10.23.2007 6:05pm
Scott Kirwin (mail) (www):

That's where Teddy K. sails, don'tcha know.


Maybe he's afraid he'll crash into one of the turbines when he's drunk.
/cheapshot
10.23.2007 6:09pm
Tesla (mail):
Irony. Many of the prominent and influential NIMBYs belong to the Oyster Harbors Club on Nantucket. The symbol of this esteemed club …?

A Dutch wind mill.
10.23.2007 7:01pm
amr (mail):
The hypocrisy is outrageous. It is the rich and powerful from both sides of the political spectrum in this instance. Anytime one of these %#$@%^&# talks about regular people having to sacrifice for the good of the nation and mankind, someone should get in their face and ask them about this. This is the old "do as I say, not as I do" BS. And if the Gore types and the Hollywood environmental crowd don't start speaking against these people, they will have shown they have zero credibility and integrity.
10.23.2007 7:02pm
Mike Ham (mail):
YOU PEOPLE DONT UNDERSTANND. THAAAAAATS WHERE I SAIL
/Ted Kennedy
10.23.2007 7:30pm
buzz (mail):
So bag the wind farm off the coast and build a nice little nuke plant on cape code instead. They can even put a little light house on it to appear rustic. Problem solved.
10.23.2007 7:32pm
anym_avey (mail):
But don't fool yourselves: for the environment in which they are built, wind turbines are a disaster.

That's funny, because out here on the front range plains where a majority of wind farm projects are presently being erected, the native environment was nothing to crow about before the construction crews moved in. The land is dry and covered with prarie grasses and small ground aninmals; trees are extremely scarce outside of riprarian zones. Once the new power lines go in to service the windfarm, you've never seen so many happy hawks in your life.

Also, projects are sometimes structured around existing roads to facilitate construction and reduce net project costs; there is inevitable disruption during the construction and sometimes there is an access driveway left in place here and there, but (1) that happens all the time anyway for small-scale oil and gas collection equipment and (2) usually, the turbines are erected, commissioned, locked, and then physically ignored unless a serious malfunction occurs. Most of their operations are managed remotely via electrical or fiber-optic communications back to the collection substation, which is itself unmanned most of the time.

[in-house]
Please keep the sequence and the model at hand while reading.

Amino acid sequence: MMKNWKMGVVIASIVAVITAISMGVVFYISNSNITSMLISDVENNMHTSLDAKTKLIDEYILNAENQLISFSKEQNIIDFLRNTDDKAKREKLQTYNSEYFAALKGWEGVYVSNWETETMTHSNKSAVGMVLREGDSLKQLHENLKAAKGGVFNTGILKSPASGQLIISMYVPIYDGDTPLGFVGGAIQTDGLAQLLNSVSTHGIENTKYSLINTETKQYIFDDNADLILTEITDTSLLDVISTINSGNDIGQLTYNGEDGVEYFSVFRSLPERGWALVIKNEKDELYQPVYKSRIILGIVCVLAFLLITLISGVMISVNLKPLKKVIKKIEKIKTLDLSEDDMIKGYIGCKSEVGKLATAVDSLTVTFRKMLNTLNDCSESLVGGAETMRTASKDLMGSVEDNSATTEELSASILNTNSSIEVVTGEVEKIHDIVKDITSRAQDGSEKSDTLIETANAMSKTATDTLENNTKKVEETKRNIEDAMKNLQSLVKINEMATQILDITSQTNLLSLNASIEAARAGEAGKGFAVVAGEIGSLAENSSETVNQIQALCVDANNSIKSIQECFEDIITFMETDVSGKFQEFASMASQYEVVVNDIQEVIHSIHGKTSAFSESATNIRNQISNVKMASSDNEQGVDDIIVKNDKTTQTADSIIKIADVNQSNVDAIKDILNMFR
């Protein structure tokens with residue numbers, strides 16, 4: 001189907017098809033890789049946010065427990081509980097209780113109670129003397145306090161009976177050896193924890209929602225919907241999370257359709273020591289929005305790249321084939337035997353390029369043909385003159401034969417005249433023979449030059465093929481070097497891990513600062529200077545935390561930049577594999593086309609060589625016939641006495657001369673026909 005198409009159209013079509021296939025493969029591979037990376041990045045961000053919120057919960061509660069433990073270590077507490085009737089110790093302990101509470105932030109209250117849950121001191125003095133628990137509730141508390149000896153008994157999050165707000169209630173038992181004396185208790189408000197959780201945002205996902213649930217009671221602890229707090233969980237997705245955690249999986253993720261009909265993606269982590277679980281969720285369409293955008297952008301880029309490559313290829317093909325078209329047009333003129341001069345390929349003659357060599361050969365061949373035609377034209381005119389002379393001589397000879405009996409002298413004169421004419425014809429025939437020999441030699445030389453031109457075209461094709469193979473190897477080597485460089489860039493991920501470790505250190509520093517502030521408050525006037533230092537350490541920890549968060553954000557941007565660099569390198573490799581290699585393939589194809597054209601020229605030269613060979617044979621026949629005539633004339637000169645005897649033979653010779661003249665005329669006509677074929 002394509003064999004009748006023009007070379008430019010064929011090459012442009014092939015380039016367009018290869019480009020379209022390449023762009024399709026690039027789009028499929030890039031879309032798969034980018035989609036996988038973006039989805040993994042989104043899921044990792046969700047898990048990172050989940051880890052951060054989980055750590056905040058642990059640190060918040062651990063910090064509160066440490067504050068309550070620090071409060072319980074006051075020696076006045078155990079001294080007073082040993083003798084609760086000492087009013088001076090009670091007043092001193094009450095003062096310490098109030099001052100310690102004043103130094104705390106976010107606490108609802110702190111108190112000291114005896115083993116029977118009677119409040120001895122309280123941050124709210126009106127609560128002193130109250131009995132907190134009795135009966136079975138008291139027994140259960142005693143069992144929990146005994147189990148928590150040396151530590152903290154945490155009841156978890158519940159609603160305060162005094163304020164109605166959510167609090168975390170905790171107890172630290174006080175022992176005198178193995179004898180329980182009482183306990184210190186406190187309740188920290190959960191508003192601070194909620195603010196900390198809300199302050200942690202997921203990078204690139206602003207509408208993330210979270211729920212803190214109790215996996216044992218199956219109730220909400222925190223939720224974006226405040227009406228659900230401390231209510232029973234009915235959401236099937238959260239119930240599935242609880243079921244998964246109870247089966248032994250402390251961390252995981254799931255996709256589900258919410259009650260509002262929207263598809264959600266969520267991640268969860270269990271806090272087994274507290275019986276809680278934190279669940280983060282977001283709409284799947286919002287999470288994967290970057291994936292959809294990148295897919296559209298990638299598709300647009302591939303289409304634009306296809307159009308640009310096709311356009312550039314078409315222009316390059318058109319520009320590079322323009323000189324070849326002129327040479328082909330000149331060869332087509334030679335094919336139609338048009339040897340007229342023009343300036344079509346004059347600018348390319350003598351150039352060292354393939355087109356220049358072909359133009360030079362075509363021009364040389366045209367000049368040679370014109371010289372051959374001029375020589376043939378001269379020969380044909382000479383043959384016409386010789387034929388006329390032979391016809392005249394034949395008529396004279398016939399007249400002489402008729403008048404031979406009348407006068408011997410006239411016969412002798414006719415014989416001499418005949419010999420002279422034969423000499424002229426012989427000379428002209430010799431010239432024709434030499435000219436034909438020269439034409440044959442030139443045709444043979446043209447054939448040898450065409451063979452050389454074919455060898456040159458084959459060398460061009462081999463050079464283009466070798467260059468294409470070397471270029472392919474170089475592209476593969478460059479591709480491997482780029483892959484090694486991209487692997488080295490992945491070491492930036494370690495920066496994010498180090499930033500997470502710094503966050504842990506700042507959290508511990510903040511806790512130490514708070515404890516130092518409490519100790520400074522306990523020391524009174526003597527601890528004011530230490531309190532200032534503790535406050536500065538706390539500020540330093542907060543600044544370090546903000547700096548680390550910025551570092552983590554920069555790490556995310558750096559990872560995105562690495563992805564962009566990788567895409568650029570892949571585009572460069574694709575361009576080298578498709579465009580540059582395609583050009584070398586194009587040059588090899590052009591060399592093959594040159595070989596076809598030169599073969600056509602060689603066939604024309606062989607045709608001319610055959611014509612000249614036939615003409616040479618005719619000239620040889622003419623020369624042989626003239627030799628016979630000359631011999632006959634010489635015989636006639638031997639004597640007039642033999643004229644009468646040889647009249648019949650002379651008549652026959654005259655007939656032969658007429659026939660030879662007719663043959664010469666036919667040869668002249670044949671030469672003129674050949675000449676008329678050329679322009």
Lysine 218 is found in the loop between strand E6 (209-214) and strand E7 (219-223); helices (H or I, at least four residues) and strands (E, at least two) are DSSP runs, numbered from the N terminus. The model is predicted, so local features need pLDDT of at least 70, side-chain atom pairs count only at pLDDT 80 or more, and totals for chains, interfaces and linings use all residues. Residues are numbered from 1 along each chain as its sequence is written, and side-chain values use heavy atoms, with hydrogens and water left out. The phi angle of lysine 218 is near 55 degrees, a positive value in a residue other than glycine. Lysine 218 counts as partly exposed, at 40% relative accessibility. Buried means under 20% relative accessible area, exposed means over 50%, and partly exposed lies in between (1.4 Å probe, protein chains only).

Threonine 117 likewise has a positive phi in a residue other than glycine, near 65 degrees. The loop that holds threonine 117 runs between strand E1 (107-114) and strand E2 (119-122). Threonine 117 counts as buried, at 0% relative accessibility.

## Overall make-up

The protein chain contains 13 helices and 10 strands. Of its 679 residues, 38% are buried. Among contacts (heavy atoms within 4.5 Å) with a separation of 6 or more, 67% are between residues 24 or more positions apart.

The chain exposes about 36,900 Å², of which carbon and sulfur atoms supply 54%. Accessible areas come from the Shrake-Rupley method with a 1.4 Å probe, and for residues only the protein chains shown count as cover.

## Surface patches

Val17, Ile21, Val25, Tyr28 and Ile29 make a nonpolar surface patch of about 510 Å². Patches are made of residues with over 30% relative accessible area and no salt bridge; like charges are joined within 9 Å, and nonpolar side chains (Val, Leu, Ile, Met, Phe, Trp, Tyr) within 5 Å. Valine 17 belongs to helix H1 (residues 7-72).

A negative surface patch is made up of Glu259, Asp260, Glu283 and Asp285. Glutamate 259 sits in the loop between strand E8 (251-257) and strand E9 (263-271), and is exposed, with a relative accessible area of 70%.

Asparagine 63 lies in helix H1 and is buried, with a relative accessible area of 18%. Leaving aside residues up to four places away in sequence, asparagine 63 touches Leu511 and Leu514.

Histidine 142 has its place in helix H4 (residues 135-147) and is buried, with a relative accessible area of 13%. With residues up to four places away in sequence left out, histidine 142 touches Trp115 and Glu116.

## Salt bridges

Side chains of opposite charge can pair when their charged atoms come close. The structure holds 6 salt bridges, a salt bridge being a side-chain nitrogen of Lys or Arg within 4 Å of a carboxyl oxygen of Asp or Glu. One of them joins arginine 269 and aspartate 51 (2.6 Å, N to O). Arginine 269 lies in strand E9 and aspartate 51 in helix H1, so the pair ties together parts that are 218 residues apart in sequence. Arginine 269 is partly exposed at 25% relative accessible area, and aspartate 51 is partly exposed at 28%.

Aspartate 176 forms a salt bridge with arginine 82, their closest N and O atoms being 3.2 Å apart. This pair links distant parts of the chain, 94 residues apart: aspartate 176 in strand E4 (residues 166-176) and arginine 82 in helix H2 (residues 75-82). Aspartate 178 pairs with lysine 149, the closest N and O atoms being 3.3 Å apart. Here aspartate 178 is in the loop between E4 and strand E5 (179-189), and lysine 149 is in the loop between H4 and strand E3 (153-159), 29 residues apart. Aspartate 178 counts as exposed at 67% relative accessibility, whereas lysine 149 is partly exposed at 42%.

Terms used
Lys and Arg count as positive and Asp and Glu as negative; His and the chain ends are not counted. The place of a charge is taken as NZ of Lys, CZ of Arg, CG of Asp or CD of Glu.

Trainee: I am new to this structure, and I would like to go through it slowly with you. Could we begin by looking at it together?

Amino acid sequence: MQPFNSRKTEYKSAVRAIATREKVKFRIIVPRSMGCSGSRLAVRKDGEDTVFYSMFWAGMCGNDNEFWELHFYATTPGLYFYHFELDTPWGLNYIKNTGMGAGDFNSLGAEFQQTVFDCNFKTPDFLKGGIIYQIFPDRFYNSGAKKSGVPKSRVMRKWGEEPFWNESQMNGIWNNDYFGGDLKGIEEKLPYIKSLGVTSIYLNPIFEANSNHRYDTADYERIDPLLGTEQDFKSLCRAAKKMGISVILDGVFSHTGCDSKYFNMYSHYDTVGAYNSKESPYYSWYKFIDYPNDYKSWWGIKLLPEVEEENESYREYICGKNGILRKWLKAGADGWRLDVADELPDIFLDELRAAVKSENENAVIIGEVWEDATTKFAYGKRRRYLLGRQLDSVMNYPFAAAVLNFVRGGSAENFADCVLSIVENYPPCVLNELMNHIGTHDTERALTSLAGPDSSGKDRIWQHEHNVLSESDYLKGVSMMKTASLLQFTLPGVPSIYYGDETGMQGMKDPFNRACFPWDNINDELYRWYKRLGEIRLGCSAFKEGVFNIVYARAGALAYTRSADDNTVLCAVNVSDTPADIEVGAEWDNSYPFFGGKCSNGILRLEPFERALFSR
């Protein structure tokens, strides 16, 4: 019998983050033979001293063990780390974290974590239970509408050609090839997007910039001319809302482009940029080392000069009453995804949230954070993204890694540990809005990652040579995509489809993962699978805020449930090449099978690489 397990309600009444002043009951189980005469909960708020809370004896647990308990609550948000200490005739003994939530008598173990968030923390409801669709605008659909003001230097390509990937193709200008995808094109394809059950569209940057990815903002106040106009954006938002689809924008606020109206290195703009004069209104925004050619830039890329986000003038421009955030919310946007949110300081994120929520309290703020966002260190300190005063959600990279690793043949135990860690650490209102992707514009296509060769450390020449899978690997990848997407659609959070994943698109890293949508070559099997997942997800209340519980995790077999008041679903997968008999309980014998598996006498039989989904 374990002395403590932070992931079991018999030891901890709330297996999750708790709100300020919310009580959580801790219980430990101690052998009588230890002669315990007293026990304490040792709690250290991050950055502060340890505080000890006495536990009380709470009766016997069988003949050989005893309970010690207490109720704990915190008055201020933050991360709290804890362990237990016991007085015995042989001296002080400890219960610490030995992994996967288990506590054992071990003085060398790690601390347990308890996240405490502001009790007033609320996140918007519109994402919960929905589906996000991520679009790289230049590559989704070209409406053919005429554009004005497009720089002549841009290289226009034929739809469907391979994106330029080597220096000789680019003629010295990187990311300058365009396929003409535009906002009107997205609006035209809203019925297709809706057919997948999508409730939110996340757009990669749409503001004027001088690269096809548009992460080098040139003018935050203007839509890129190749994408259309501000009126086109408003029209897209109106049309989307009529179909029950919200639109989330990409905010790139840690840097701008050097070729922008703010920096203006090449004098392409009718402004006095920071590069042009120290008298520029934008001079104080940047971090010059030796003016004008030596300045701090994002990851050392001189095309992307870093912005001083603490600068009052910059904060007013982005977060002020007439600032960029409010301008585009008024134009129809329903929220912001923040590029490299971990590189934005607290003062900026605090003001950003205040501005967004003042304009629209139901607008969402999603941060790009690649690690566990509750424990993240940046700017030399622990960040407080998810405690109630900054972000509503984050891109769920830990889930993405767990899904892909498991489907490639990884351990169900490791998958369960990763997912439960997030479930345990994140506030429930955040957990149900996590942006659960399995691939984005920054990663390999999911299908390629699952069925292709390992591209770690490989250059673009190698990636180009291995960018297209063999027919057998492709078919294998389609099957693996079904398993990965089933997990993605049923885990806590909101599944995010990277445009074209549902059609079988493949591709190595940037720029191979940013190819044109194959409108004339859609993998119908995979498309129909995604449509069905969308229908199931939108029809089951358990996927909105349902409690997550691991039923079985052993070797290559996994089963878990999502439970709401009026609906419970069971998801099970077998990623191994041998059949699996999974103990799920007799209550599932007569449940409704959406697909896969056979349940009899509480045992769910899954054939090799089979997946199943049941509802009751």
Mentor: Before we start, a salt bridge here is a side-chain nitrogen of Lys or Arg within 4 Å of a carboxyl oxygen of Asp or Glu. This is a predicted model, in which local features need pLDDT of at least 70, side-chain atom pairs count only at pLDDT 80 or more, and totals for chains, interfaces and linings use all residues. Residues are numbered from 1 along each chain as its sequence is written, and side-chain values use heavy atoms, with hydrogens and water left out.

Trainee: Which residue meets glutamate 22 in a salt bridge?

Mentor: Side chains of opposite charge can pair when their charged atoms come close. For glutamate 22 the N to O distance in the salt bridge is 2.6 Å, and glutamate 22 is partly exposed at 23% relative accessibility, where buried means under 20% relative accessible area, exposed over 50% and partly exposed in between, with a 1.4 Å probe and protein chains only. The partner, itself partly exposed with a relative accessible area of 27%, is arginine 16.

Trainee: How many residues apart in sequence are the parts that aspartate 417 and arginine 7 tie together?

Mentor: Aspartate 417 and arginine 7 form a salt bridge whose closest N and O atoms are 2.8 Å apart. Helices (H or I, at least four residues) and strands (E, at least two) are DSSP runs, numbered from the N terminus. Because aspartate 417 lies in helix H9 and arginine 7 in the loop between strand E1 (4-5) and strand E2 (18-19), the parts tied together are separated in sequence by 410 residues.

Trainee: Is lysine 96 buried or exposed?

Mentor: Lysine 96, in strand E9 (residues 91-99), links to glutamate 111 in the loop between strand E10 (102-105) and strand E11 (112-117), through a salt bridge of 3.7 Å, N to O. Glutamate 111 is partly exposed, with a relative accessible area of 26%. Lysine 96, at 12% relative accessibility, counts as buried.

I would love to back the wind farmers, but in my case I live smack dab in the center of the San Jacinto Pass right outside Palm Springs, wind turbine central. It's not the noise, or seeing them that bothers me, but the complete lack of maintenance and the amount of dead ones out here that bugs me. I believe that when the majority of them were built, and maybe even continuing today, there were (are) huge tax writeoffs to build them.

That was true for older windfarms, and part of what you may be witnessing is that the technology has improved and advanced substantially since the days when many of California's early farms were installed. Unfortunately, those turbines are probably obsolete, and the power systems equipment that collects the power and delivers it to the grid is likely unsuitable for a modern reconditioning project. Meaning, it would be a 60% tear-down and rebuild of the entire site.

Given that there are many virgin sites available for new projects all over the US, particularly in non-coastal western states where the regulatory and tax burden is a lot lower, the utility or LLC that owns that system may choose to just ignore the whole thing and write off the unproductive equipment as a loss, leaving the turbines wilt and rot on their own time. If that bothers you, do a property search to find out who actually owns the land and track back to the system owner from there (keeping in mind that the system owner may only be leasing it), then start lighting up phones in your municipal and/or county governments.

Keep in mind, though, that while physically broken wind turbines are definitely not operating, turbines not turning may just be at the wrong position relative to the wind at that point in time. You won't usually see all of them turning in any given area -- they won't all turn at low windspeeds because the wind patterns are disrupted by the lay of the land relative to the incomeing stream, and they'll also shut down automatically at wind speeds over about 50mph because the turbine blades might disintegrate (At full speed, a large turibine blade looks to be turning at a very moderate speed but the tip of the blade is moving circularly at 100mph.)